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Make Time for Tea Cakes

A treasure trove of heirloom recipes
Written by Lori Moffatt. Photographs by Bradon Jakobeit.

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In her new cookbook From Tea Cakes to Tamales: Third-Generation Texas Recipes, journalist and former Texas Highways editor Nola McKey returns to her roots as she explores how recipes, cooking, and food bring families and communities together.

Heirloom Recipe tips

See www.texashighways.com for tips on preserving your own family recipes.

Grandma’s Old-Fashioned Tea Cakes

(Adapted from the book From Tea Cakes to Tamales: Third-Generation Texan Recipes by Nola McKey)

  • 1/2 cup (1 stick) butter
  • 1 cup sugar
  • 2 eggs
  • 1 teaspoon vanilla
  • 2 teaspoons lemon zest
       or 1 teaspoon lemon extract
  • 2 cups sifted flour
  • 2 teaspoons baking powder
  • 1/2 teaspoon salt

1. Cream butter and sugar together in a large bowl. Add eggs and beat well. Stir in vanilla and lemon zest.

2. Blend flour and remaining ingredients together and add to butter mixture; mix well. Place dough on
a floured board and roll out to 1/4-inch thickness;
cut into 2-inch rounds or use a cookie cutter to make special shapes. Place cookies on a lightly greased baking sheet and bake at 375˚ for 10-12 minutes, or until edges are golden brown. Remove to wire racks to cool. Makes about 3 dozen cookies.

From Tea cakes to Tamales

Find From Tea Cakes to Tamales: Third-Generation Texas Recipes by Nola McKey (Texas A&M University Press) at bookstores and online.

“About 20 years ago, my son Clay came home one evening and told me that he needed a traditional family dish to take to school the next day,” says Nola. “I hadn’t thought about my Grandma McKey’s tea cakes in decades, but they were the first things that came to mind.”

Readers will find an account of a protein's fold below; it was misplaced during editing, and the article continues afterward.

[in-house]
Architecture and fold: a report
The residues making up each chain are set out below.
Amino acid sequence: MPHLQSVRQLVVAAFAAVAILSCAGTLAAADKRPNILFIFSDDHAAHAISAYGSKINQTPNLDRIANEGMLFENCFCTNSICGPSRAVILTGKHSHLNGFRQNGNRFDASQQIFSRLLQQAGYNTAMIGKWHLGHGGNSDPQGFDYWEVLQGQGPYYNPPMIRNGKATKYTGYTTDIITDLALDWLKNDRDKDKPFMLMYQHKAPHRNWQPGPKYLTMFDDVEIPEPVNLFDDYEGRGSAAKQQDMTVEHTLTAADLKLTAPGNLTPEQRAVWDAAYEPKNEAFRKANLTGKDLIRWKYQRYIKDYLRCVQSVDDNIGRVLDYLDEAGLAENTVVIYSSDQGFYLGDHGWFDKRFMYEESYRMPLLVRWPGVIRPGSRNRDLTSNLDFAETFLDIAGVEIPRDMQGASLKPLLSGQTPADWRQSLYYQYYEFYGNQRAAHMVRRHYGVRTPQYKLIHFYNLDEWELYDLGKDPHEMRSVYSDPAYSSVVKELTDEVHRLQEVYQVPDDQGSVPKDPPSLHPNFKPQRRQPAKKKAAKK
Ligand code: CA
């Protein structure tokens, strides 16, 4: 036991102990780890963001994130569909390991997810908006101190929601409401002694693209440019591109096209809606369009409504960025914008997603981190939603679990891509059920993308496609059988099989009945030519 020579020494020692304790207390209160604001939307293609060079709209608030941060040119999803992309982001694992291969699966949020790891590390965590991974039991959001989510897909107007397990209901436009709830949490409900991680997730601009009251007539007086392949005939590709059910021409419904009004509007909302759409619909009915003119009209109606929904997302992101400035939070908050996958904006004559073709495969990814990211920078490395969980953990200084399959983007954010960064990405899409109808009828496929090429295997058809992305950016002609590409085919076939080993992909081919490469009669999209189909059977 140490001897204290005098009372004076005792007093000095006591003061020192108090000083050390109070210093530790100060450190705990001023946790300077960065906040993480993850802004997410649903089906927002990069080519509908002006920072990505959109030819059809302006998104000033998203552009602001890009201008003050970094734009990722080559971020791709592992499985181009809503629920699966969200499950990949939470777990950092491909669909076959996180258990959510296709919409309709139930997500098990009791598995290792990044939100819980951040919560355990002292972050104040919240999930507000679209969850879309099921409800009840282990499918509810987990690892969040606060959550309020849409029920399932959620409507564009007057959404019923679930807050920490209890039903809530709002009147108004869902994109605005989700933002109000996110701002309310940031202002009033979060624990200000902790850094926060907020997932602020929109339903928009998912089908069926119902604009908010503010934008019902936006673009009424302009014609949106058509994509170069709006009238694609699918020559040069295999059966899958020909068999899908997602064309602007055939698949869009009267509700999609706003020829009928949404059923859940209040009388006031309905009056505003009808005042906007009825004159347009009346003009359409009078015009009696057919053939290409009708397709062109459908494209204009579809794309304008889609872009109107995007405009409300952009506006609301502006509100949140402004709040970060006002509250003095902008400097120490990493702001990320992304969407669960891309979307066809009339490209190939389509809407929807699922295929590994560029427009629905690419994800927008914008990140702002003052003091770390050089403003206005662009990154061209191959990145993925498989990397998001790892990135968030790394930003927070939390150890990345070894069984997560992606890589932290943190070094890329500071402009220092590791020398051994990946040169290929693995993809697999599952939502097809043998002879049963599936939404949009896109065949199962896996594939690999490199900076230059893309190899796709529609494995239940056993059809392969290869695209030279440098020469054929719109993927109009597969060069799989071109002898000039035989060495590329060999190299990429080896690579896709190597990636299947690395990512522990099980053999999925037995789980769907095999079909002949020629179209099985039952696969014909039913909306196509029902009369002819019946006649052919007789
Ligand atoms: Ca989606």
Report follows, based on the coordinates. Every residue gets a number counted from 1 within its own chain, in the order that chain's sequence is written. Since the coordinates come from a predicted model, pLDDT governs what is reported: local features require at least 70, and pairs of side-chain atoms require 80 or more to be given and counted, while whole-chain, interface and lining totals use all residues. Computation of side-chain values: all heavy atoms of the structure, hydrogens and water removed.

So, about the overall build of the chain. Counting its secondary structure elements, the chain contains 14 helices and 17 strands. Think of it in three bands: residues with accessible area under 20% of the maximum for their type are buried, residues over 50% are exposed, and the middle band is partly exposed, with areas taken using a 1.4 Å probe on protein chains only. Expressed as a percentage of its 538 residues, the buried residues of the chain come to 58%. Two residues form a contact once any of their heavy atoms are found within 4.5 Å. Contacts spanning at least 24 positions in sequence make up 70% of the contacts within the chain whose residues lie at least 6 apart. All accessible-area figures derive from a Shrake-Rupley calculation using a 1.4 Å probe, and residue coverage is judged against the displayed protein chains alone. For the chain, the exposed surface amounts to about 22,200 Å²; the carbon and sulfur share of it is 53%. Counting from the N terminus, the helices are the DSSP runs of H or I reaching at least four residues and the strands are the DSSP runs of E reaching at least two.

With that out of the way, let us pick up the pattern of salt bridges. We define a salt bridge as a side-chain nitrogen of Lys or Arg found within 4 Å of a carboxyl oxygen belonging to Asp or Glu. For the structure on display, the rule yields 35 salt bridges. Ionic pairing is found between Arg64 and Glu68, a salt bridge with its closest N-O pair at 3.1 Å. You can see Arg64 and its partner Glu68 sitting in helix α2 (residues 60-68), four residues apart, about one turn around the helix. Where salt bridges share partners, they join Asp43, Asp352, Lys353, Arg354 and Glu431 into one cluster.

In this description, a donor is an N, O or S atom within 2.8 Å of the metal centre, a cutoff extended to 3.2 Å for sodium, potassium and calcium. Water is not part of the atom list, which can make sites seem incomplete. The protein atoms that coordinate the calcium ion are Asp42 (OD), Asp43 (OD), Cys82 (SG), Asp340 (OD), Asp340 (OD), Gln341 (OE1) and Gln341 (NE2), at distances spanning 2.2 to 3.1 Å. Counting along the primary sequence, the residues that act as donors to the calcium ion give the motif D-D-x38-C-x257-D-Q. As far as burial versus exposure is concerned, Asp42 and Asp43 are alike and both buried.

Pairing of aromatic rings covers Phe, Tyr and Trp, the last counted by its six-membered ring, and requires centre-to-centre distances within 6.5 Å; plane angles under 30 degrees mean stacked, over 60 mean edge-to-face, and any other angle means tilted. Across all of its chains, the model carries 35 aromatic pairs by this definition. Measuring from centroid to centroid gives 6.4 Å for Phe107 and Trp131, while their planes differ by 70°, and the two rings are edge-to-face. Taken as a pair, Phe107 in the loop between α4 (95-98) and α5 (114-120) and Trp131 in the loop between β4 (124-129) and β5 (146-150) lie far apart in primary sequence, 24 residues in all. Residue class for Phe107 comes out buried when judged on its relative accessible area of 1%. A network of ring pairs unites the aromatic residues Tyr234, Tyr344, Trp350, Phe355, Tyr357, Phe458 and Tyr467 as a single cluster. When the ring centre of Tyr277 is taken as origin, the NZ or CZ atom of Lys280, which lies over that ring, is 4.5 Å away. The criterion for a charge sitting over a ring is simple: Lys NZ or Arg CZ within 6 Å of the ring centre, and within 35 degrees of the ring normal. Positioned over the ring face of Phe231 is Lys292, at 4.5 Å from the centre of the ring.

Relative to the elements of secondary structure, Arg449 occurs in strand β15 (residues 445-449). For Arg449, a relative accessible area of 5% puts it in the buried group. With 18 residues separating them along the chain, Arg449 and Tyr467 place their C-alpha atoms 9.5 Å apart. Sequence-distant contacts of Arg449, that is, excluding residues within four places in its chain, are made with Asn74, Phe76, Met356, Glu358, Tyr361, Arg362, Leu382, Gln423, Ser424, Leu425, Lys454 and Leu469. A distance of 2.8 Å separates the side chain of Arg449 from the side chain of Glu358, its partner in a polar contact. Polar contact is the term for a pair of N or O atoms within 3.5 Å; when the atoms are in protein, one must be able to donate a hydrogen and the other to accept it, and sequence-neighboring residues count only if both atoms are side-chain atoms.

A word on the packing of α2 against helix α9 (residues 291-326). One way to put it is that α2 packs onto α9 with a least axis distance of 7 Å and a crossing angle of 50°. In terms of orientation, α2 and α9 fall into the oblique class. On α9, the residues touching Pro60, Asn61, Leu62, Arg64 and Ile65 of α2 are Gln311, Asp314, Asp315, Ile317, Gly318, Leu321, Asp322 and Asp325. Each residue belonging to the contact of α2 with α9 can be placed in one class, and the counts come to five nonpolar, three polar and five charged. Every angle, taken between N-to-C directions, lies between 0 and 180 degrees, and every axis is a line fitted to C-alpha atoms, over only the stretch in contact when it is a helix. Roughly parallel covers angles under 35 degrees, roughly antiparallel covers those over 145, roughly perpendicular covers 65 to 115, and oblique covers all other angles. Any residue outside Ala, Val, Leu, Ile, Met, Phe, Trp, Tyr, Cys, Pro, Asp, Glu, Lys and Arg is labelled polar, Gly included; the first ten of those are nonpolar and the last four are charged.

A tea cake—a simple sugar cookie sometimes embellished by lemon zest or other flavorings—was a common treat baked in households across the United States in years past. “Grandma kept them in a ceramic container next to the spoon jar, and one of the things I always associated with going to Grandma’s house was that I could have tea cakes,” recalls Nola.

“I had written down some of her recipes when I was in college, but I hadn’t touched them since then,” she continues. “But as I made my grandmother’s tea cakes that night, and the kitchen filled with the familiar smells, the memories came back. Taking them out of the oven brought even more memories. When we tasted them—thick, pillowy, with a hint of lemon—it was almost like a visit from Grandma.”

The power of scent to recall memory has been well-documented anecdotally and in literature. French novelist Marcel Proust famously described the phenomenon in his novel Remembrance of Things Past (also known as In Search of Lost Time), in which a character describes a similar olfactory memory-jog in response to the delicate butter cakes known as madeleines. Science bears this out, too: Aromas, it turns out, are first processed by the olfactory bulb, which starts inside the nose and runs along the bottom of the brain, with direct connections to the amygdala and the hippocampus, areas of the brain that have strong associations with emotion and memory.